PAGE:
The 2021 Johnny Boren Memorial Bull Riding event was held May 8th at Bad Dog Rodeo Arena at 5204 Elm Grove Road in Belton. Live entertainment was provided. featuring Kyle and Beau Heitmiller with a live auction starting at 2 p.m. The event benefitted the Cowboy and Cowgirl scholarship fund.
The Rotary Club of Belton celebrated 100 years in the community on May 11.
The Belton ISD Board of Trustees approved the hiring of Kimberly Winters as the next principal at Belton New Tech High School @ Waskow. Winters was the principal of Pearson Ranch Middle School, a science, technology, engineering, art and math-focused campus in Round Rock ISD she helped open in 2016. Her 20 years of education experience also includes leading Noel Grisham Middle School in RRISD, a campus with an International Baccalaureate Middle Years Program.
Bell County Commissioners approved a resolution to designate State Highway Loop 121 between I-35 and I-14 as Sheriff John Rhoden Memorial Highway, which comes from approval of the resolution HB532.
This decision was also approved by the Belton City council.
The council also endowed three scholarships to the three graduating seniors from Belton High School through Waste Management Services: Audrey Hafner, Kade Elkins, and Reuben Jimenez.. Hafner received a $2,000 scholarship for academic excellence and volunteer services. Mr. Elkins and Mr. Jimenez each received a $1,000 scholarship as well.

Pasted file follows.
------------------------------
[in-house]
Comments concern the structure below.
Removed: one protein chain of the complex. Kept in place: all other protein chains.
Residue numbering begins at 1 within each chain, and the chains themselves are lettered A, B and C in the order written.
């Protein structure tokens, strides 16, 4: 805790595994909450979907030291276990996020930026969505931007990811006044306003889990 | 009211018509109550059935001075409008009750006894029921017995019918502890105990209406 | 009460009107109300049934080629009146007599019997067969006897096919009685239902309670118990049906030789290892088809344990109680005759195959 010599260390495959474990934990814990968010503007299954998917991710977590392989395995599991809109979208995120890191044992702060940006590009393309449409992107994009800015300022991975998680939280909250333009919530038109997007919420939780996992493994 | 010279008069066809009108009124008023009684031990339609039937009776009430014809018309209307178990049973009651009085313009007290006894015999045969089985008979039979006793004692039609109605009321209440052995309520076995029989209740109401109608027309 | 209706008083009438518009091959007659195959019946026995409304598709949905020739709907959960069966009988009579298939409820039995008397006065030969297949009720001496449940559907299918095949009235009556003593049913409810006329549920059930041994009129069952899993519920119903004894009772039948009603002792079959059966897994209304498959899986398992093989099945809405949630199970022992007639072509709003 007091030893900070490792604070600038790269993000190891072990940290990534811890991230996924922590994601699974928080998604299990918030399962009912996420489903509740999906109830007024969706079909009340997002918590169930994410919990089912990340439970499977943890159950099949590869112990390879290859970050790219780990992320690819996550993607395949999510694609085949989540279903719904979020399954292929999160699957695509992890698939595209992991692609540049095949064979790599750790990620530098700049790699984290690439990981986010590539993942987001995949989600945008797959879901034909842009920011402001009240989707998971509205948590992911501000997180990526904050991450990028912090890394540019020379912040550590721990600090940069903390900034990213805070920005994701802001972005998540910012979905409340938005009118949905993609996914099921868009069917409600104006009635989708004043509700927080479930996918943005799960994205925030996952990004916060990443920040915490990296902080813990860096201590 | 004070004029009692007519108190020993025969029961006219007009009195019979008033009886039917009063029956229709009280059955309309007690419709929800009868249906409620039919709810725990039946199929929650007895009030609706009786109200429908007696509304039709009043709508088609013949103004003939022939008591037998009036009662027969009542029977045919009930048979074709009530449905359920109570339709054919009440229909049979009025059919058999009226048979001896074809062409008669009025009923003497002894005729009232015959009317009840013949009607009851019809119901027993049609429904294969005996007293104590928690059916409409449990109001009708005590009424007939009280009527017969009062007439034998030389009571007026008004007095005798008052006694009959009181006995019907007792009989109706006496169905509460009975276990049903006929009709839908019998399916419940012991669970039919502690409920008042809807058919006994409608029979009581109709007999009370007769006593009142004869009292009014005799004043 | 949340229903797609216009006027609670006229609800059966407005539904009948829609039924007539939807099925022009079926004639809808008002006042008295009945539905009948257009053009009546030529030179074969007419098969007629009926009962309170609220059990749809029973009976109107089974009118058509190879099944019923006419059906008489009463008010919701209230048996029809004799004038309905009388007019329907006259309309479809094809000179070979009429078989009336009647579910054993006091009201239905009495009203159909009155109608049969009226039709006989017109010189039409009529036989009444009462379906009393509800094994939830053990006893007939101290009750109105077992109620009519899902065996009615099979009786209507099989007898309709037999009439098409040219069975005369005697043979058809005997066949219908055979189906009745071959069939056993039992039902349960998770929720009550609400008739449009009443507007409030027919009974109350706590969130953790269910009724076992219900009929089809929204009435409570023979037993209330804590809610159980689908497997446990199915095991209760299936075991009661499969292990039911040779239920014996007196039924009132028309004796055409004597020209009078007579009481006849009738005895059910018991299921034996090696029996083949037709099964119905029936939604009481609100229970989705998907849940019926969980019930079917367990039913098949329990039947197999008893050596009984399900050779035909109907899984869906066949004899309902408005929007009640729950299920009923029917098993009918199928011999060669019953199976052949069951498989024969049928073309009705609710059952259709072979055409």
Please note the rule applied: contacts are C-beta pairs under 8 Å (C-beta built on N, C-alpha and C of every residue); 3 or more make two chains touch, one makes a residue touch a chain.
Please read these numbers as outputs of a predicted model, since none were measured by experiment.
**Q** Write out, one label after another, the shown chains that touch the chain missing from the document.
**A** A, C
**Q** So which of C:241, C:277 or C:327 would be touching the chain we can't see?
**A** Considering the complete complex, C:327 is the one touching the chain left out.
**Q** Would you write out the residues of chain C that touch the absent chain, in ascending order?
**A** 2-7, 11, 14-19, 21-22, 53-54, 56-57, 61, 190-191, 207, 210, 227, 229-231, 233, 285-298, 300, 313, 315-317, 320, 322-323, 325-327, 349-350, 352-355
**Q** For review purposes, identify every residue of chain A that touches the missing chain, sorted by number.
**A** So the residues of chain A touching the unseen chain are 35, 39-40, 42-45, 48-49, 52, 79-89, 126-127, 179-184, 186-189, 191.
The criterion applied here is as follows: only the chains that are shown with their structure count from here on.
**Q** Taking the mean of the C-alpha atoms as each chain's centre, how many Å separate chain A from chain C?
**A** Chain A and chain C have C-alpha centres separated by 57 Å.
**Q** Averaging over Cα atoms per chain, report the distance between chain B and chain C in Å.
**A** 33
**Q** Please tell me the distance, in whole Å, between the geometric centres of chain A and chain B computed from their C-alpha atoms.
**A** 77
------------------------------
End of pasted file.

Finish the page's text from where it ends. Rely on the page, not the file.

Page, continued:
In addition to honoring BHS students, the council also honored three volunteers from the Belton Fire Corps for their hours dedicated to emergency services, which include one volunteer who had accumulated over 4,000 hours of service and had a plaque signed by both former President Trump and President Biden.
Belton High School’s top graduating seniors were recognized, Valedictorian Gautam Ghamande andsalutatorian Mitchell Bonner. The two had the top spots in a class of over 700 students.
Belton New Tech High School likewise spotlighted its top two, Valedictorian Kylan Menapace and Salutatorian Nick Garcia.